Since 1973, the Traffic Injury Research Foundation (TIRF) has collected and maintained a database containing the results of tests for the presence and amount of alcohol performed on fatally injured drivers in seven provinces (British Columbia, Alberta, Saskatchewan, Manitoba, Ontario, New Brunswick, and Prince Edward Island. In 1987, the Fatality Database was expanded to include all ten provinces and the two territories). Rates of testing for alcohol vary somewhat among jurisdictions but, on average, about 80% of drivers of highway vehicles who died within six hours of the crash are tested for the presence of alcohol each year. Because the basic unit of analysis is the fatally injured driver, not drivers involved in fatal crashes, the data cannot be used to address questions about the number of people killed in alcohol-related crashes. Nevertheless, given high rates of testing, statistics based on these data provide accurate and valid estimates of alcohol use among all driver fatalities.
Information on the presence and amount of alcohol in fatally injured drivers is used in this paper as an index of the alcohol fatal-crash problem in Canada. Trends in the problem are examined using a variety of indicators derived from the fatality database.
One of the most frequently used measures of the magnitude of the drinking-driving problem is the percent of fatally injured drivers who tested positive for alcohol. These data are presented in Figure 1 for the years 1980 through 1993.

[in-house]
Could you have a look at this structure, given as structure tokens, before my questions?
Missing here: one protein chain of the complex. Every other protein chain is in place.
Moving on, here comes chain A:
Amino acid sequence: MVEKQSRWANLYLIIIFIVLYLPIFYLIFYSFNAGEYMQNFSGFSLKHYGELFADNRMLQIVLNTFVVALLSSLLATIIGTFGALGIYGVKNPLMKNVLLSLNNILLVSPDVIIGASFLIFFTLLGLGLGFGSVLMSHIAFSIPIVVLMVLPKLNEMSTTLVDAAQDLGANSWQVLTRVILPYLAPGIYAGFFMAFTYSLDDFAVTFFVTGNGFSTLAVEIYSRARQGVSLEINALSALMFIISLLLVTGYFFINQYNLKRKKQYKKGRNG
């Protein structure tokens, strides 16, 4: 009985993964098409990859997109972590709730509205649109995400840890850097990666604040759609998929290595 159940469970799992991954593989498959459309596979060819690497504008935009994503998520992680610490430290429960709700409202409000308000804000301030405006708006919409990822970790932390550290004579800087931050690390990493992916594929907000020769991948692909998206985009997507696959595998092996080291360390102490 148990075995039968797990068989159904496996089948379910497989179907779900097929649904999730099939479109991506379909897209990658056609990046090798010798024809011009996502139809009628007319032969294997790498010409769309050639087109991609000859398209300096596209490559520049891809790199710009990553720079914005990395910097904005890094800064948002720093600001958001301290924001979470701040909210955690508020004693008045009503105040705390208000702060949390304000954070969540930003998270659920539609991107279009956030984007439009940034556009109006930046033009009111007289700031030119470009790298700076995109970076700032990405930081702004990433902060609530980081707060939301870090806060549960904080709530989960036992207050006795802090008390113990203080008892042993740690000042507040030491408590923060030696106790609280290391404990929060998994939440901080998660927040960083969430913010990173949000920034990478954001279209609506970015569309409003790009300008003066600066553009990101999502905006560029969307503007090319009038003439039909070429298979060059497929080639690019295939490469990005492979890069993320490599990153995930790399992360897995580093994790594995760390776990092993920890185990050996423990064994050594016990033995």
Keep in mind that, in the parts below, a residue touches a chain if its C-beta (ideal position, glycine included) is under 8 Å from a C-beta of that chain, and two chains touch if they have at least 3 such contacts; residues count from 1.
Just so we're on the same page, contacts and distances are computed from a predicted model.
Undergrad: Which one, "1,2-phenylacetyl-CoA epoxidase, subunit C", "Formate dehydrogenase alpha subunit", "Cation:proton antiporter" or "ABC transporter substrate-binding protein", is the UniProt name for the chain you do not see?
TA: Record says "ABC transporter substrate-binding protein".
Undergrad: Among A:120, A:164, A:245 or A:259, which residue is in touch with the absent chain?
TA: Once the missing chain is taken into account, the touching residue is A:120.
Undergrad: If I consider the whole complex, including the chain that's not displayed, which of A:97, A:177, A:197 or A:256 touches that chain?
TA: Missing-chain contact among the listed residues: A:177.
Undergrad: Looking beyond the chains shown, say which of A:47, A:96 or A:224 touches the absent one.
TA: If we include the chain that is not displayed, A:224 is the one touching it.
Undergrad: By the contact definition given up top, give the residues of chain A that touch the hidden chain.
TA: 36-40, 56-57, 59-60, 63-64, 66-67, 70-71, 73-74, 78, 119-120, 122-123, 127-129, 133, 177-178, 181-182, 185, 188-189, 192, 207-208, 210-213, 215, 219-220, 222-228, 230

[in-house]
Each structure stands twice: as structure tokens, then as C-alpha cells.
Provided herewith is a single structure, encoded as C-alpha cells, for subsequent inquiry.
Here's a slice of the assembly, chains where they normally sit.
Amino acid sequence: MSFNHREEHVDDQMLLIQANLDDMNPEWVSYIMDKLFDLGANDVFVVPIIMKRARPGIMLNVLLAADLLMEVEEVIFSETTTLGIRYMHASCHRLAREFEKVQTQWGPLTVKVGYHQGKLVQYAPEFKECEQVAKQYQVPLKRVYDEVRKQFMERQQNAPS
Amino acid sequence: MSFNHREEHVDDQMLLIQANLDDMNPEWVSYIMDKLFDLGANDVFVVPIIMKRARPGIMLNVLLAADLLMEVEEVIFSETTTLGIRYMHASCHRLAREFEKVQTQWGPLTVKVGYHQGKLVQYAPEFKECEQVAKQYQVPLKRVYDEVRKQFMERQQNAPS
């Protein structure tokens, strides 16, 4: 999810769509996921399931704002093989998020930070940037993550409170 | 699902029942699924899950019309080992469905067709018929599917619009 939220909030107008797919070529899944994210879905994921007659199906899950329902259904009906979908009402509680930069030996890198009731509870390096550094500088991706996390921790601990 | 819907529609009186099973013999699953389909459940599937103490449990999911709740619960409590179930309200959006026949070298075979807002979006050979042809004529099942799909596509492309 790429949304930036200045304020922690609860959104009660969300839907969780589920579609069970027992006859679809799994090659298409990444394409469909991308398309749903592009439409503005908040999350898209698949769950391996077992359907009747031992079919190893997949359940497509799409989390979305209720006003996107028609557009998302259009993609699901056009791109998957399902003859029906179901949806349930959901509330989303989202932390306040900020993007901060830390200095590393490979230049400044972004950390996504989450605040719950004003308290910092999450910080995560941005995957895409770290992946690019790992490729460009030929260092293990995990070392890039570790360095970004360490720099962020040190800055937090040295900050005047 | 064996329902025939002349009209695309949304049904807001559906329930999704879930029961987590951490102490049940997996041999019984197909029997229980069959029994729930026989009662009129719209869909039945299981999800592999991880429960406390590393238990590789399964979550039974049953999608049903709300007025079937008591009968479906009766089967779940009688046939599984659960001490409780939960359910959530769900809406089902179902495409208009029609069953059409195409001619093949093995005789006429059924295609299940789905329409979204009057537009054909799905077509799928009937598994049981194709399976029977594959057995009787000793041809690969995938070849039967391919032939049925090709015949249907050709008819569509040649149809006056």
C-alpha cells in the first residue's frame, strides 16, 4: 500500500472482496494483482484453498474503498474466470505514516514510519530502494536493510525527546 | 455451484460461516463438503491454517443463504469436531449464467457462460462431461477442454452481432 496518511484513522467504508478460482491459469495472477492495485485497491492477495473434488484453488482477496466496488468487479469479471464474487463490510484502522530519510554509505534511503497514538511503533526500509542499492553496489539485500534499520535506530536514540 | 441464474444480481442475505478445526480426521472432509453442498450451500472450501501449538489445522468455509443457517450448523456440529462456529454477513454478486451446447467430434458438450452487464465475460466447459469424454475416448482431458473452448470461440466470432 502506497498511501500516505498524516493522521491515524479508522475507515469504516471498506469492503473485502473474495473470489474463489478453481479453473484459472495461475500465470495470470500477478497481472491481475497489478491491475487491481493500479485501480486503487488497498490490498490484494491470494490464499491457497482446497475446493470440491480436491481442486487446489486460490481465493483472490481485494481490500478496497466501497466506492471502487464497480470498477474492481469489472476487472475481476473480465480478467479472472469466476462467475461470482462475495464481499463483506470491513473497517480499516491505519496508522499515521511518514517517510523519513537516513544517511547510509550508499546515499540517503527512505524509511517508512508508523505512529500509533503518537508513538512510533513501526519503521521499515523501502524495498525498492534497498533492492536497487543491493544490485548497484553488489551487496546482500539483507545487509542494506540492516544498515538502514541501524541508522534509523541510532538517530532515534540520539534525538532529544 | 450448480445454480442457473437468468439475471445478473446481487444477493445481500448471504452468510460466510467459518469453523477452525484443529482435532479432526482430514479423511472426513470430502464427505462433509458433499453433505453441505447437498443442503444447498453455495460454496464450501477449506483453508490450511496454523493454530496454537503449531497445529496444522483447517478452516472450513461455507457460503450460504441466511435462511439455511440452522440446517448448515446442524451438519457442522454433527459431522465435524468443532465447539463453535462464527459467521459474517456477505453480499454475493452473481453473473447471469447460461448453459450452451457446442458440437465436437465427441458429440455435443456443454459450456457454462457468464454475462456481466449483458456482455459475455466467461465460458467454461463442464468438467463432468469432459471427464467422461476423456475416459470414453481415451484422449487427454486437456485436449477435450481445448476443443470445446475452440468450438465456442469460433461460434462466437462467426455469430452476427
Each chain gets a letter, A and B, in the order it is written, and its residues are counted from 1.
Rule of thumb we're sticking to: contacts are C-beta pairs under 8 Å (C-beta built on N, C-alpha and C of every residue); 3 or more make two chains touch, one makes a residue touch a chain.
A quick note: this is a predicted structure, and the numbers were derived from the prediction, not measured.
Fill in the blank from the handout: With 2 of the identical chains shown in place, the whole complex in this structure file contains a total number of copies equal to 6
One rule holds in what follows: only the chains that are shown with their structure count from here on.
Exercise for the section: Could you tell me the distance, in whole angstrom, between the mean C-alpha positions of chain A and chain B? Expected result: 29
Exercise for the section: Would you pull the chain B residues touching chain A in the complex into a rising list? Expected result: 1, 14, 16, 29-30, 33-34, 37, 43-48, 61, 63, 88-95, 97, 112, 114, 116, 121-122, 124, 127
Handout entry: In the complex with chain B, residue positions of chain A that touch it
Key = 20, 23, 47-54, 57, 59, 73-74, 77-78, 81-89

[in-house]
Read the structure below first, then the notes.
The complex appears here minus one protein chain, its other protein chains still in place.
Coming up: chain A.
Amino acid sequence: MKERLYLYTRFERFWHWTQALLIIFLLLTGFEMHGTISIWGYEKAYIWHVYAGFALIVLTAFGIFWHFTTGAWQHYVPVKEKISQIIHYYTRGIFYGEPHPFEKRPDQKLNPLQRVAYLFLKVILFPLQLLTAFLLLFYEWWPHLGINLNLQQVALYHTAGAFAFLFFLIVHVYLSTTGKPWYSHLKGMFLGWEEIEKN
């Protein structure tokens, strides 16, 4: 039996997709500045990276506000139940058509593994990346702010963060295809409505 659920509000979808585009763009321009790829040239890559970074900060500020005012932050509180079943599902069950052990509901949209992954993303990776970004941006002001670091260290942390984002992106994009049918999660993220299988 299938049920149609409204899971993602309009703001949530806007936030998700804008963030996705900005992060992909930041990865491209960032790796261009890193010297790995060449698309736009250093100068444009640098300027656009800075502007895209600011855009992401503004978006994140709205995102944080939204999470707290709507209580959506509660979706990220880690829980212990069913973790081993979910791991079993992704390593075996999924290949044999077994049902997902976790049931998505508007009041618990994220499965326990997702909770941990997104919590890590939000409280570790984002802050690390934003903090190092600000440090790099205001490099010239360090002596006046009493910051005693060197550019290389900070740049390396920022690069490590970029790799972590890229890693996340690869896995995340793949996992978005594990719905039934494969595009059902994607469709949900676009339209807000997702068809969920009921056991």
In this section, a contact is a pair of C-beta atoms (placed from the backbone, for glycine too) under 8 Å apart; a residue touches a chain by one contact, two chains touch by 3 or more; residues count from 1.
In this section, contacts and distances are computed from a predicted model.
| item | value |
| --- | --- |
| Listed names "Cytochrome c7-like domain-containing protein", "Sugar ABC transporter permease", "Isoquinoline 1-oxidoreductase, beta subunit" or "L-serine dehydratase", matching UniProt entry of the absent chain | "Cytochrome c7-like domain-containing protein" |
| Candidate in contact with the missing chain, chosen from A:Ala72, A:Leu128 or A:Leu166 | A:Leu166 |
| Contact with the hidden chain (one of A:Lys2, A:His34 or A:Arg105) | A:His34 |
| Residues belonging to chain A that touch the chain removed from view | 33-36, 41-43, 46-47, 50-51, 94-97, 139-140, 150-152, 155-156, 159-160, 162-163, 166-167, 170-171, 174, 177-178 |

Trends in Percent of Driver Fatalities Testing Positive for Alcohol
As previously reported (Simpson et al., 1994), during the 1980s there was a reasonably consistent and rather dramatic decline in the percent of fatally injured drivers who were positive for alcohol. For example, in the early 1980s, about 60% of all the drivers killed in Canada had been drinking. By 1990, this figure had reached a low of 43%.
However, this downward trend has been clearly interrupted. The percent of fatally injured drinking drivers increased in 1991 to 46%, increased again in 1992 to 48% and, although it declined somewhat in 1993 to 46%, it still remains above the low that had been achieved in 1990.
Another commonly used indicator of the drinking-driving problem is the percentage of all fatally injured drivers who had a BAC in excess of 80 mg%, given that this level legally defines impaired driving in Canada. Figure 2 presents this indicator for each year from 1980 to 1993. Since 1981, the percent of fatally injured drivers with BACs over 80 mg% declined progressively, reaching its lowest level (35%) in 1990.
Trends in Percent of Fatally Injured Drivers with BACs over 80mg%
Once again, however, this positive trend did not continue beyond 1990. In the following three years, the percent of fatally injured impaired drivers increased to levels that are comparable with the magnitude of the problem in 1988.
Another common measure of the drinking-driving problem is the ratio of the number of drinking drivers to the number of non-drinking drivers. Although this measure, called the Problem Index, conveys much the same information as the percentages described above, it does so parsimoniously and has considerable communication advantages. The ratio of drinking to non-drinking driver fatalities permits a more direct assessment of the extent to which the number of drinking driver fatalities has changed, relative to the number of non-drinking driver fatalities. This ratio (multiplied by 100) has been called the Problem Index.